I recently was trying to find a good exegetical treatment of the Bible’s doctrine of creation, when I found Joel D. Heck’s little booklet In the Beginning, God: Creation from God’s Perspective (Saint Louis: CPH, 2011) (available here for $3.99).
I was pleasantly surprised by this book and can recommend it to anyone looking for a thoroughly Lutheran answer to the question “What does the Bible say about creation?”. The author reviews the basic texts, first in Genesis 1:1-31, then the other creation texts in the Old and New Testament. He gives seventeen reasons why the word “day” means 24 hours in Genesis One. Then he looks at the issues of hermeneutics, and concludes with recent scientific research that supports the Biblical account of creation. He has many excellent supporting arguments in favor of the Biblical account of a “young earth” with a 24 hour-six day creation, including a few arguments I have never heard before. I would recommend this to anyone who is a Bible-believer and who wonders if the traditional Christian view of creation has intellectual credence.
Dr. Heck is a Professor of Theology at Concordia University-Austin, with a Th.D. in Old Testament from our Concordia Seminary in Saint Louis. He represents the many professors at the LC-MS Concordia universities and seminaries who teach the Bible to their students from a perspective of belief, not from skepticism. I know all of our seminary professors personally and can testify that they are all “Bible believers.” Although I only know a few of the theology and religion professors at our CUS universities, the ones I know are “Bible believers” and my impression is that the other theology and religion professors hold the same view. Our church should be deeply grateful to our Lord for these “Bible-believing-Lutheran-professors,” who uphold the Lutheran doctrine and the authority of Scripture, in a day in which both doctrine and Scripture are attacked and mocked.
The synod at its 2013 convention will need to talk about financial support for its universities. The latest Reporter describes some of that discussion and new proposals for a “CUS 2.0″ (see reporter.lcms.org). We also need to keep in mind the latest LC-MS Treasurer’s Report, which states “When the CUS was formed, it was not specifically provided with any funding mechanism to allow it to accomplish the last of its goals (i.e., capitalizing the schools and the System)” (see Lutheran Witness 131 #11 (Nov. 2012): 24; also Reporter 38 #11 (Nov. 2012): 8; and online here). I thought that when the CUS (version 1.0) was originally introduced, the primary purpose was to provide a funding mechanism for capitalization of the schools and the system. I’d say that the synod “got taken to the cleaners” on that promise. Proper capitalization of the CUS and “living within its means” is way overdue.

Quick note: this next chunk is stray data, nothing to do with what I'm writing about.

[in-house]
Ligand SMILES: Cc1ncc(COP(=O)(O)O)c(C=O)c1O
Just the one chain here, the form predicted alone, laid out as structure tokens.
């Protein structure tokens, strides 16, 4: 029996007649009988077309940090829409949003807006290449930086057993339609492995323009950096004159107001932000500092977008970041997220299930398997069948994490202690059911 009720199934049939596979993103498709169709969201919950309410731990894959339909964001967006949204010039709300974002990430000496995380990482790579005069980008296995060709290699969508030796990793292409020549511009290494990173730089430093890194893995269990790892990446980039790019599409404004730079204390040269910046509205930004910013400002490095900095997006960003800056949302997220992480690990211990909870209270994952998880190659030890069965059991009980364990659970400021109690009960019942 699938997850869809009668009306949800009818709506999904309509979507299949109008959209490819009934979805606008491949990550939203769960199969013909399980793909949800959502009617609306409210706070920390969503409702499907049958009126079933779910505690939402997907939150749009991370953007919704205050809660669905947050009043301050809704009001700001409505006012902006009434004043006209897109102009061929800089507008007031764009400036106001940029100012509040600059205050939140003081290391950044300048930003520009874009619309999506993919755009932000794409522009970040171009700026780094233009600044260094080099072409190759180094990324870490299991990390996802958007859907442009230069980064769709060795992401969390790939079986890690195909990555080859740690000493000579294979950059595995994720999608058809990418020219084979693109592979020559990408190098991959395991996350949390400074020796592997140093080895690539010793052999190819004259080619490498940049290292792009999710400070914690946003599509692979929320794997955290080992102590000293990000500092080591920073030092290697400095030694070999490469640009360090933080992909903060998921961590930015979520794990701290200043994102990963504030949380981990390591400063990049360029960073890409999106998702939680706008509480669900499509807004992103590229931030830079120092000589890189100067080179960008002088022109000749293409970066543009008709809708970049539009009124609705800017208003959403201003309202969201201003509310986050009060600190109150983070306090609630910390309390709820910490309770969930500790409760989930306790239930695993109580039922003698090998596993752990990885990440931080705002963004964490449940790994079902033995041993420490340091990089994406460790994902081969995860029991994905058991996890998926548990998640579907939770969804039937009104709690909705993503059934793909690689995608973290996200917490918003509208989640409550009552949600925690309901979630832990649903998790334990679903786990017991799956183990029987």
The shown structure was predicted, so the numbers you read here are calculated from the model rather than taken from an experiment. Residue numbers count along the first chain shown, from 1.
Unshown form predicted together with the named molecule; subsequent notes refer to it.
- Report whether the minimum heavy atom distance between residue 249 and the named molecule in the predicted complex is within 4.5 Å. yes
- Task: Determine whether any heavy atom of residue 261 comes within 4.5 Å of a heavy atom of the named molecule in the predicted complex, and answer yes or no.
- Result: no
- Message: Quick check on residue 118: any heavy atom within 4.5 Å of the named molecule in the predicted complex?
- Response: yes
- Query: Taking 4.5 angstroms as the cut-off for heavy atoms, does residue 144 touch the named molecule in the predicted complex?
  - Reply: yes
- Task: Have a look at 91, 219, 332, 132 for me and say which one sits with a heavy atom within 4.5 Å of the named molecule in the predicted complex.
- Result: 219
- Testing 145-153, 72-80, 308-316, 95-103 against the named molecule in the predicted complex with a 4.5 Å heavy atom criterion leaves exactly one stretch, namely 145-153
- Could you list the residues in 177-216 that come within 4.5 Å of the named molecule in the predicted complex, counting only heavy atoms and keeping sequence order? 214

Although some restructuring, down-sizing of individual campuses, down-sizing of the number of campuses, consolidation, or expense-reduction to match revenue may certainly be in order, the synod should not abandon its universities or let them “run free” of synodical oversight. We have, over the years, invested too much in their campuses, faculties, congregational relations, and other tangible and intangible assets to just let them “wither on the vine” or sever their connections to the LC-MS altogether. As to what should get restructured, cut, merged, expanded, or reduced I can’t say and won’t guess. It is a complex problem for the LCMS Board of Directors and CUS administrators to figure out.
I conclude these thoughts with a brief list of Concordia Publishing House books on creation, supporting a “Bible-believing, Lutheran” position, authored by our professors at our Concordias over the past ninety years. The academic position indicated was at the time of original publication: Theodore Graebner, Saint Louis seminary professor Essays on Evolution (1921); Alfred Rehwinkel, Saint Louis seminary professor The Flood (1951); John Klotz, professor at Concordia, River Forest Genes, Genesis, and Evolution (1955); John Klotz, professor at Concordia Senior College, Fort Wayne, Modern Science in the Christian Life (1961); Paul Zimmerman, president at Concordia, Seward, editor of Darwin, Evolution, and Creation (1959); Paul Zimmerman, president at Concordia, Ann Arbor, editor of Rock Strata and the Bible Record (1970); Paul Zimmerman, president at Concordia, Ann Arbor, editor of Creation, Evolution, and God’s Word (1972); John Klotz, Saint Louis seminary professor Studies in Creation: A General Introduction to the Creation/Evolution Debate (1985 – excellent overview and still in print!); Angus Menuge, professor at Concordia, Mequon, editor of Reading God’s World (2004); Erich von Fange, professor at Concordia, Ann Arbor In Search of the Genesis World (2006 – still in print); and, Joel D. Heck, professor at Concordia, Austin In the Beginning, God: Creation from God’s Perspective (2011 – recently published, and noted above).
What a great record of outstanding research on the doctrine of creation by our Concordia professors! Thank God for our Concordias!